Realtek RTL8191SEvB Linux driver?

Da Rock freebsd-questions at
Fri Jan 6 13:34:44 UTC 2012

On 01/06/12 07:42, Peter Harrison wrote:
> Thursday,  5 January 2012 at  9:04:40 +1000, Da Rock said:
>> On 01/05/12 07:01, Peter Harrison wrote:
>>> On 4 Jan 2012, at 01:08, Da Rock wrote:
>>>> On 01/04/12 10:38, Daniel Feenberg wrote:
>>>>> On Wed, 4 Jan 2012, Da Rock wrote:
>>>>>> On 01/04/12 02:10, Daniel Feenberg wrote:
>>>>>>> On Wed, 4 Jan 2012, Da Rock wrote:
>>>>>>>> On 01/03/12 22:10, Jerry wrote:
>>>>>>>>> On Tue, 03 Jan 2012 16:44:30 +1000
>>>>>>>>> Da Rock articulated:
>>>>>>>>>> On 01/03/12 11:15, Jeffrey McFadden wrote:
>>>>>>> Don't ndis(4) ndiscvt and ndisgen(8)  essentially accomplish what the
>>>>>>> OP is requesting? See the handbook section
>>>>>>> or the man page for ndiscvt:
>>>>>>> While doing the conversion looks a bit beyond what we would expect of
>>>>>>> an end-user, it does seem to offer a path for using hardware whose
>>>>>>> manufacturer does not support FreeBSD. Is there anything beyond
>>>>>>> licensing issues preventing such drivers from being included in the
>>>>>>> distribution, or made downloadable in FreeBSD form?
>>>>>> Oh yes, it is possible, just not probable :)
>>>>> At
>>>>> almost 800 compatible devices are listed. Not everything, but I have
>>>>> found that a willingness to spend a few dollars on a different card
>>>>> helps immensely in enjoying FreeBSD and Linux. For me at least it is
>>>>> easier to find a compatible card than to write a compatible driver.
>>>> Indeed :)
>>>> I did notice that the card in question wasn't on that list. But my own
>>>> experience with ndiswrapper and wifi cards were far less than
>>>> satisfactory- the firmware always got in the road. But I may have just
>>>> been too stupid at the time :)
>>>>> I would also observe that most people involved with computers, whether
>>>>> as users or developers, have little symphathy for people with different
>>>>> needs from the device. This is a great impediment to progress. It is a
>>>>> mistake to assume that because you don't need something, another
>>>>> person's desire for it is illegitimate. In this case, I fully agree that
>>>>> it is an injustice that hardware vendors do not supply FreeBSD drivers,
>>>>> but that does not mean that users requiring such drivers are immoral or
>>>>> of poor character, and therefore to be ignored or insulted. There is
>>>>> little that FreeBSD coders and users can do about that injustice
>>>>> directly, however it is within their power to mitigate it with the NDIS
>>>>> wrapper. If that wrapper allows another user to enter the FOSS world,
>>>>> that will (in the fullness of time) contribute to reforming the vendor.
>>>> No they are absolutely not of poor character, I agree. Some messages can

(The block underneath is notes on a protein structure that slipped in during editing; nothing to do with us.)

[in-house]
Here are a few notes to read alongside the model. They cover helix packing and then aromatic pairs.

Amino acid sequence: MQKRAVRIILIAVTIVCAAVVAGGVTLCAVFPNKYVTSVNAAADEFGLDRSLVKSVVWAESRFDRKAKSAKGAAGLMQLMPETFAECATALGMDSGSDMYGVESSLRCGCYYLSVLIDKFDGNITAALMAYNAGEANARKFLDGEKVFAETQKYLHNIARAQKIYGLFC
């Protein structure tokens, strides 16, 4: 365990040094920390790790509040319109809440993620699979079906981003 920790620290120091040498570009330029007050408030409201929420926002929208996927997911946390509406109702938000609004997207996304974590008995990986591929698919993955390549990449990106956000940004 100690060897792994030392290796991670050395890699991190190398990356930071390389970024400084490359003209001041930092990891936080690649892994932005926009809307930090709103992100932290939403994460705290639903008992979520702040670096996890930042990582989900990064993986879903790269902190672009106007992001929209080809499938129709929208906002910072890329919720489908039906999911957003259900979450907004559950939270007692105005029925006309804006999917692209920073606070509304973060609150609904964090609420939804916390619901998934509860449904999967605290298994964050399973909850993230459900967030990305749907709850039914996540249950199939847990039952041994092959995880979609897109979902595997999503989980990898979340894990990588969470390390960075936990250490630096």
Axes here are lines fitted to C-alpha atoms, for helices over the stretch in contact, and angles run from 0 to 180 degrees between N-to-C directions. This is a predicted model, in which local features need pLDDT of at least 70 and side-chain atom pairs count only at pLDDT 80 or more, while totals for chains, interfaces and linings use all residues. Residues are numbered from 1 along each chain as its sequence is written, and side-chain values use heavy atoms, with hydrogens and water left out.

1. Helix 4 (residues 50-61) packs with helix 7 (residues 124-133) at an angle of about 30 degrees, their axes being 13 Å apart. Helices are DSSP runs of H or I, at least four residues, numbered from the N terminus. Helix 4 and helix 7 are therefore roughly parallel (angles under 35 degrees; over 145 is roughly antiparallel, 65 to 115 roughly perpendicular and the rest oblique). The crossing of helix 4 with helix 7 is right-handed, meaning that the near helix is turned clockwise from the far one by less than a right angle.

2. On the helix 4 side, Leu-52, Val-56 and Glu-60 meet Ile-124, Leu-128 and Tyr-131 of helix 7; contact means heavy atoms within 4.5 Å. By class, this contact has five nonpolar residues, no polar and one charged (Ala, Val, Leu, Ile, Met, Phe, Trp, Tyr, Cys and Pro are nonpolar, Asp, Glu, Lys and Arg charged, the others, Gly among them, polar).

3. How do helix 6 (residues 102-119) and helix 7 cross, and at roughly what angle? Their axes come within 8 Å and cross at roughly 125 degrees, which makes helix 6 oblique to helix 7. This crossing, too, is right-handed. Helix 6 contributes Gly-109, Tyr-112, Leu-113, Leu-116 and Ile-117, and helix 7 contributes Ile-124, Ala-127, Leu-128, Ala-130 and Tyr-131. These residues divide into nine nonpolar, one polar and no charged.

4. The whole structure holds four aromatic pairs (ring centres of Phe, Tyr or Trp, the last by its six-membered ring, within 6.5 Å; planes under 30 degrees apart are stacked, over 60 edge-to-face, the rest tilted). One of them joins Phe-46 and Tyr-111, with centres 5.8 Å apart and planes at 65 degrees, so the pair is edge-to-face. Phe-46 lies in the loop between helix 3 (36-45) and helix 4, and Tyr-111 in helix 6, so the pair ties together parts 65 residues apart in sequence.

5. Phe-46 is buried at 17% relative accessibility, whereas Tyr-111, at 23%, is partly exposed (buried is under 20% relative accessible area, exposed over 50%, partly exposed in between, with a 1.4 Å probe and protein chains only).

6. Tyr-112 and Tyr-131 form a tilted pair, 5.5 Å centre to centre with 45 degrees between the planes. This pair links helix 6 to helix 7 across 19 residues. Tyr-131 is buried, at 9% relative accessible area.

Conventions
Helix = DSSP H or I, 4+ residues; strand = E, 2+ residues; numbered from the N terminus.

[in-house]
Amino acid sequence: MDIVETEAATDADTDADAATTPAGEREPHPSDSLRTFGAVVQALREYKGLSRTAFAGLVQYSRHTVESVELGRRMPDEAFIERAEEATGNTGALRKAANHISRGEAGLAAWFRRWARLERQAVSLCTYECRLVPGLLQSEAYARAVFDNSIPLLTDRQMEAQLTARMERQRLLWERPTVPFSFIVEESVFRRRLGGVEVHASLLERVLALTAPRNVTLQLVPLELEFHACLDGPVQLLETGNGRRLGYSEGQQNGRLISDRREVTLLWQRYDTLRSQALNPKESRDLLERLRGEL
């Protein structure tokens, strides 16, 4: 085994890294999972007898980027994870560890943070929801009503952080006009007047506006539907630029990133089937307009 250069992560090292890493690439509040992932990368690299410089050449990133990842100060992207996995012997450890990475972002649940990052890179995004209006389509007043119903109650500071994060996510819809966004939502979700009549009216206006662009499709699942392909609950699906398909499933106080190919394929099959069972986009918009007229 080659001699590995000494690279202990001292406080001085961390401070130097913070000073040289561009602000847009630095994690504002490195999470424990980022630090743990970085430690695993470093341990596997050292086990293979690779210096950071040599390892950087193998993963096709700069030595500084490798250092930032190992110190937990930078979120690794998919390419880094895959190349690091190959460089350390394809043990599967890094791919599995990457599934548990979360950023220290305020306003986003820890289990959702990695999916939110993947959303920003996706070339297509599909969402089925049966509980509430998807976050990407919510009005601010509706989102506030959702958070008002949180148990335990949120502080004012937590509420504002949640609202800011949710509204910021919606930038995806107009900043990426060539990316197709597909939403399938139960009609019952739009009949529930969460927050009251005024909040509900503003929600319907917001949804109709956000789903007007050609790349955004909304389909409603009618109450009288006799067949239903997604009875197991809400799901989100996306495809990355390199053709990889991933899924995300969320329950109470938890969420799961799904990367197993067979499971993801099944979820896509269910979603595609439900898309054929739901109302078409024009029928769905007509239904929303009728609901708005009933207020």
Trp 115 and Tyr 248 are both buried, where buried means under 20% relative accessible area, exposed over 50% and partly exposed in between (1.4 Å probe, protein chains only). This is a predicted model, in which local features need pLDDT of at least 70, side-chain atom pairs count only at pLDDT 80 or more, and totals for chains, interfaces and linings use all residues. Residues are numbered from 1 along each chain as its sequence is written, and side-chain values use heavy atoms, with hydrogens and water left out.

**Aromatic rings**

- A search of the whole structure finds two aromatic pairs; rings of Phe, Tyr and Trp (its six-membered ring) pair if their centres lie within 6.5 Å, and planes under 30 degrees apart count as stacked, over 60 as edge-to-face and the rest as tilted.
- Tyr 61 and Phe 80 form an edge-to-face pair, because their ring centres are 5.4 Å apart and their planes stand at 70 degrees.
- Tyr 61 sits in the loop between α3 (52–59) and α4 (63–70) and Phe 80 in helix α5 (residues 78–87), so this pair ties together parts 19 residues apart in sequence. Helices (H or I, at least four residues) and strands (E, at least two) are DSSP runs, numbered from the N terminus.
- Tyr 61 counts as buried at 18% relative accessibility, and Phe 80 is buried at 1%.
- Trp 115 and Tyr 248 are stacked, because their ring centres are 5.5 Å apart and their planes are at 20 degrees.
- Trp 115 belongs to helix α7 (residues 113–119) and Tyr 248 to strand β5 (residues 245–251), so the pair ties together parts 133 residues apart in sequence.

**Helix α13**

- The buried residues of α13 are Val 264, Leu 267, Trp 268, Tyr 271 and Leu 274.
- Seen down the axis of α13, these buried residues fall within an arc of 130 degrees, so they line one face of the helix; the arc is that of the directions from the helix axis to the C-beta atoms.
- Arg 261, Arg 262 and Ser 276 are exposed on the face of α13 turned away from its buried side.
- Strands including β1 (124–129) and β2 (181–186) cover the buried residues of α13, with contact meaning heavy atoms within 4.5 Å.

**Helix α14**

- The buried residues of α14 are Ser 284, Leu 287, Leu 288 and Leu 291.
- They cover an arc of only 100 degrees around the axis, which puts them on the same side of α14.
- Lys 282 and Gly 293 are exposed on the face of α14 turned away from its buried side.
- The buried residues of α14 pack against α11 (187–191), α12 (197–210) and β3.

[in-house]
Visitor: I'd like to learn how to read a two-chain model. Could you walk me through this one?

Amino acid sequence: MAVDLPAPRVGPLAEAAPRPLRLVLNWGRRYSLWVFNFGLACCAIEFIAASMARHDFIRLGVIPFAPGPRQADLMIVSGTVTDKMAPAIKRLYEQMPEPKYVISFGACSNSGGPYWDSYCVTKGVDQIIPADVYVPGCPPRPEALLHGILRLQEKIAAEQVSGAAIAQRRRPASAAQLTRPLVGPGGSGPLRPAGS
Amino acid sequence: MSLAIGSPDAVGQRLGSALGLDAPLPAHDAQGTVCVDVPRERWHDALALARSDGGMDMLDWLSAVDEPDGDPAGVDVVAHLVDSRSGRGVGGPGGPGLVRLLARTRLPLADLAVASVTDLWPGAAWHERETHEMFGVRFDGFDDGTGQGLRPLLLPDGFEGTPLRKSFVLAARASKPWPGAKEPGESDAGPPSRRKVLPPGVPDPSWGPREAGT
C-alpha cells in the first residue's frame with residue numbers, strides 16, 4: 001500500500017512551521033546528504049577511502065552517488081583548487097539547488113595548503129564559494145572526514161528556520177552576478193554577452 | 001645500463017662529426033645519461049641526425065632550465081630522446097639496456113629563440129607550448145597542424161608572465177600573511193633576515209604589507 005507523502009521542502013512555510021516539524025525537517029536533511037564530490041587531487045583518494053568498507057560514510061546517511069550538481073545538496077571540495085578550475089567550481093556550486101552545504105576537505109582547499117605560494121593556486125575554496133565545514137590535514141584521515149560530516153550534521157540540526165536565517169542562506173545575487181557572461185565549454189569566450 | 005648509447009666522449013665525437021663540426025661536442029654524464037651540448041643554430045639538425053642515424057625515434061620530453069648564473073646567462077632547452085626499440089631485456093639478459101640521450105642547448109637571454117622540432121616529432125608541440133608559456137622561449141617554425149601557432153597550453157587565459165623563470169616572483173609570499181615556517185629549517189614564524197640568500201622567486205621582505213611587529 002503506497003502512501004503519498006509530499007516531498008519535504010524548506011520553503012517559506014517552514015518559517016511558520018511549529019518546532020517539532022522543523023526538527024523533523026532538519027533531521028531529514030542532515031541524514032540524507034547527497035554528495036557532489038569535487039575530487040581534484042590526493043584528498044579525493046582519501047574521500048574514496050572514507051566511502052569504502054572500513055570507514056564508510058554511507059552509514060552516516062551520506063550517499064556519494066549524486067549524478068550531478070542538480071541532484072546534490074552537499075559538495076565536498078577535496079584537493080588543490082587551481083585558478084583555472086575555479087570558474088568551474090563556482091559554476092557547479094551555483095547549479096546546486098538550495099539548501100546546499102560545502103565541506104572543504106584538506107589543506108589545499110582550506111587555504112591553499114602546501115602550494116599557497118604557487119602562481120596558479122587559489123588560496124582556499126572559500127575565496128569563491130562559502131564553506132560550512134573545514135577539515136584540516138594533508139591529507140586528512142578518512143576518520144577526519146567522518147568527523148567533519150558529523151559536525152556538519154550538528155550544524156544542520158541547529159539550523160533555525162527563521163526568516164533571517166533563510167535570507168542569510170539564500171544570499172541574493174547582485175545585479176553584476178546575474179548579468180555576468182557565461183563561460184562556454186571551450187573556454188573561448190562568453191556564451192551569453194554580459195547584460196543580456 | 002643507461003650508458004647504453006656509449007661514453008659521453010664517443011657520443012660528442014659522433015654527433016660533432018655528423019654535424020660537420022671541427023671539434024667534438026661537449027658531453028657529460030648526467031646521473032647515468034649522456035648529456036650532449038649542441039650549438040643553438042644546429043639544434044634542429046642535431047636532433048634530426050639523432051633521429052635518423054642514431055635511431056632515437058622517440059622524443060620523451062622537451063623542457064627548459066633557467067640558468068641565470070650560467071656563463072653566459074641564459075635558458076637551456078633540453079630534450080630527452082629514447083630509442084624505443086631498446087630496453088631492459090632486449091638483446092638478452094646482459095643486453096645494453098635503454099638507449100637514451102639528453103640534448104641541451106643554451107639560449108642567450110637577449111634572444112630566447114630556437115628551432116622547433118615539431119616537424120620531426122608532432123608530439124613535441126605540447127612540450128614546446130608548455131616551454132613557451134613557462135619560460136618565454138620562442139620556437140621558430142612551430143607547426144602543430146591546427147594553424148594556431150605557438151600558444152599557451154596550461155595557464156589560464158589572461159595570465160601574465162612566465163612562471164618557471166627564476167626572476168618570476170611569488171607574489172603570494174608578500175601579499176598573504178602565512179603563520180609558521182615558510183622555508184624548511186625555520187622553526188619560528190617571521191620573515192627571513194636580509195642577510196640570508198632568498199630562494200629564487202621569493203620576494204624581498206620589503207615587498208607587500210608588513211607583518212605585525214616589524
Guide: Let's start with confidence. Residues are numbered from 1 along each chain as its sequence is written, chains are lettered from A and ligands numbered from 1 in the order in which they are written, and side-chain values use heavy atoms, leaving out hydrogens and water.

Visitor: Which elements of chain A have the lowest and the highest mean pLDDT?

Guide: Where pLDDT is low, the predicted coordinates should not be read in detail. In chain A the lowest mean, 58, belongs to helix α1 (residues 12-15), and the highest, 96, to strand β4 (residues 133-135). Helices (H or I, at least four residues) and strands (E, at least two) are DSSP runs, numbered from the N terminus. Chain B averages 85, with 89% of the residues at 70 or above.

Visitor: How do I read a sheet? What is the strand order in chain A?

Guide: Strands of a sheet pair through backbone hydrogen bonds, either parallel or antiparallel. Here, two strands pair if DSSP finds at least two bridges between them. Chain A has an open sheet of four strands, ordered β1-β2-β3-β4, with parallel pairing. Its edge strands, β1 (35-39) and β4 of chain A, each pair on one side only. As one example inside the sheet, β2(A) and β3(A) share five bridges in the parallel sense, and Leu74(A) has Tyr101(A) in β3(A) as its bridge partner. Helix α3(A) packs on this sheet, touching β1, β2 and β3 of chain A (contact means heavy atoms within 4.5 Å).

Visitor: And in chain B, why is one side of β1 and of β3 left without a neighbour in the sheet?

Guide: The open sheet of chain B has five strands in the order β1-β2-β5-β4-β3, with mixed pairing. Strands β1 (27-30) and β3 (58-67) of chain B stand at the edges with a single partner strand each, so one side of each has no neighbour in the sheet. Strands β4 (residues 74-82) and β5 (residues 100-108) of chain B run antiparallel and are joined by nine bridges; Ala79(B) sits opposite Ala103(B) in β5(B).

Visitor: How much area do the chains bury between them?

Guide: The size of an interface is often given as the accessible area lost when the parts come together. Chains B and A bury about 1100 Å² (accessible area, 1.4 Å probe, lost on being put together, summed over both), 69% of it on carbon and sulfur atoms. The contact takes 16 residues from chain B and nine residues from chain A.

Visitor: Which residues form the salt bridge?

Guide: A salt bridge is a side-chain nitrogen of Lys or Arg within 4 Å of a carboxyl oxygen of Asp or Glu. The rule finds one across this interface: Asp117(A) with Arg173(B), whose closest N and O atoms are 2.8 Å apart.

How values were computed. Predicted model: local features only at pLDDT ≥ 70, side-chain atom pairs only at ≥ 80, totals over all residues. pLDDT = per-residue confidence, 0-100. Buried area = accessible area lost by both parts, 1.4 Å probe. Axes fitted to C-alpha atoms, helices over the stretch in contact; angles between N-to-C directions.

>>>> be misconstrued, though, in that the replies can be terse and more
>>>> logical than sympathetic. Sometimes it is easier to replace with a
>>>> different card than flog a dead horse, although a user may take offense
>>>> for emotional or financial reasons more than logical.
>>>> Mitigation is a difficult path as I have found personally, although NDIS
>>>> helps immensely with wired nics (not so much of a problem these days),
>>>> and I believe Luigi Rizzo's work with the linuxulator and drivers is to
>>>> be applauded ten fold. It takes a great deal of time though- I put
>>>> forward the idea when I was still a BSD pup not entirely realising the
>>>> challenges :) Luigi (and his colleagues) has been working hard ever since
>>>> to facilitate the more challenging aspects of multimedia drivers (whether
>>>> or not that had to do with my comments or not, I don't know).
>>> Da Rock,
>>> I've been using ndis drivers successfully with a Broadcom chip in my
>>> Lenovo s10-e since I bought it some years ago - to the extent that I've
>>> not yet switched over to the native drivers now available.
>>> I didn't find using ndisgen too problematic. Just a case of finding the
>>> right driver files and following the manpage. I'd strongly recommend
>>> trying it in preference to a usb stick (been there, done that) or buying
>>> new hardware - although I'd agree that depending on the model changing a
>>> mini-PCI card isn't necessarily that difficult (I changed it t an Intel
>>> card in my other Dell laptop some time ago - remember to attach the
>>> internal aerial cable!).
>> Make no mistake I'm not being facetious. How did you do it?
>> The biggest problem I had was that there are multiple firmware for
>> different scenarios that are loaded. One for base station mode, one for
>> adhoc, and one more I think... They got in the way of using it correctly.
> Da Rock,
> The short answer is, I'm not honestly sure. It was a couple of years ago and it's given absolutely no trouble since - a genuine "fit and forget" solution.
> I remember it as being a question of finding and unpacking the right file then using the .sys and .inf files to create a kernel module using ndisgen.
> Don't recall having any problems with firmware. The only issue I recall was I think to do with converting the .inf file to unicode, but I might have mis-remembered that.
> Sorry I can't be more help.
I think I hit the same issue, but after running through a few iterations 
I gave up as I saw no more options.

Don't worry, mine was the same- a few years ago, and I forget the exact 
details too... Fortunately when one does get things working with FreeBSD 
there is virtually never a reason to return to the scene of the crime :) 
unlike some systems...


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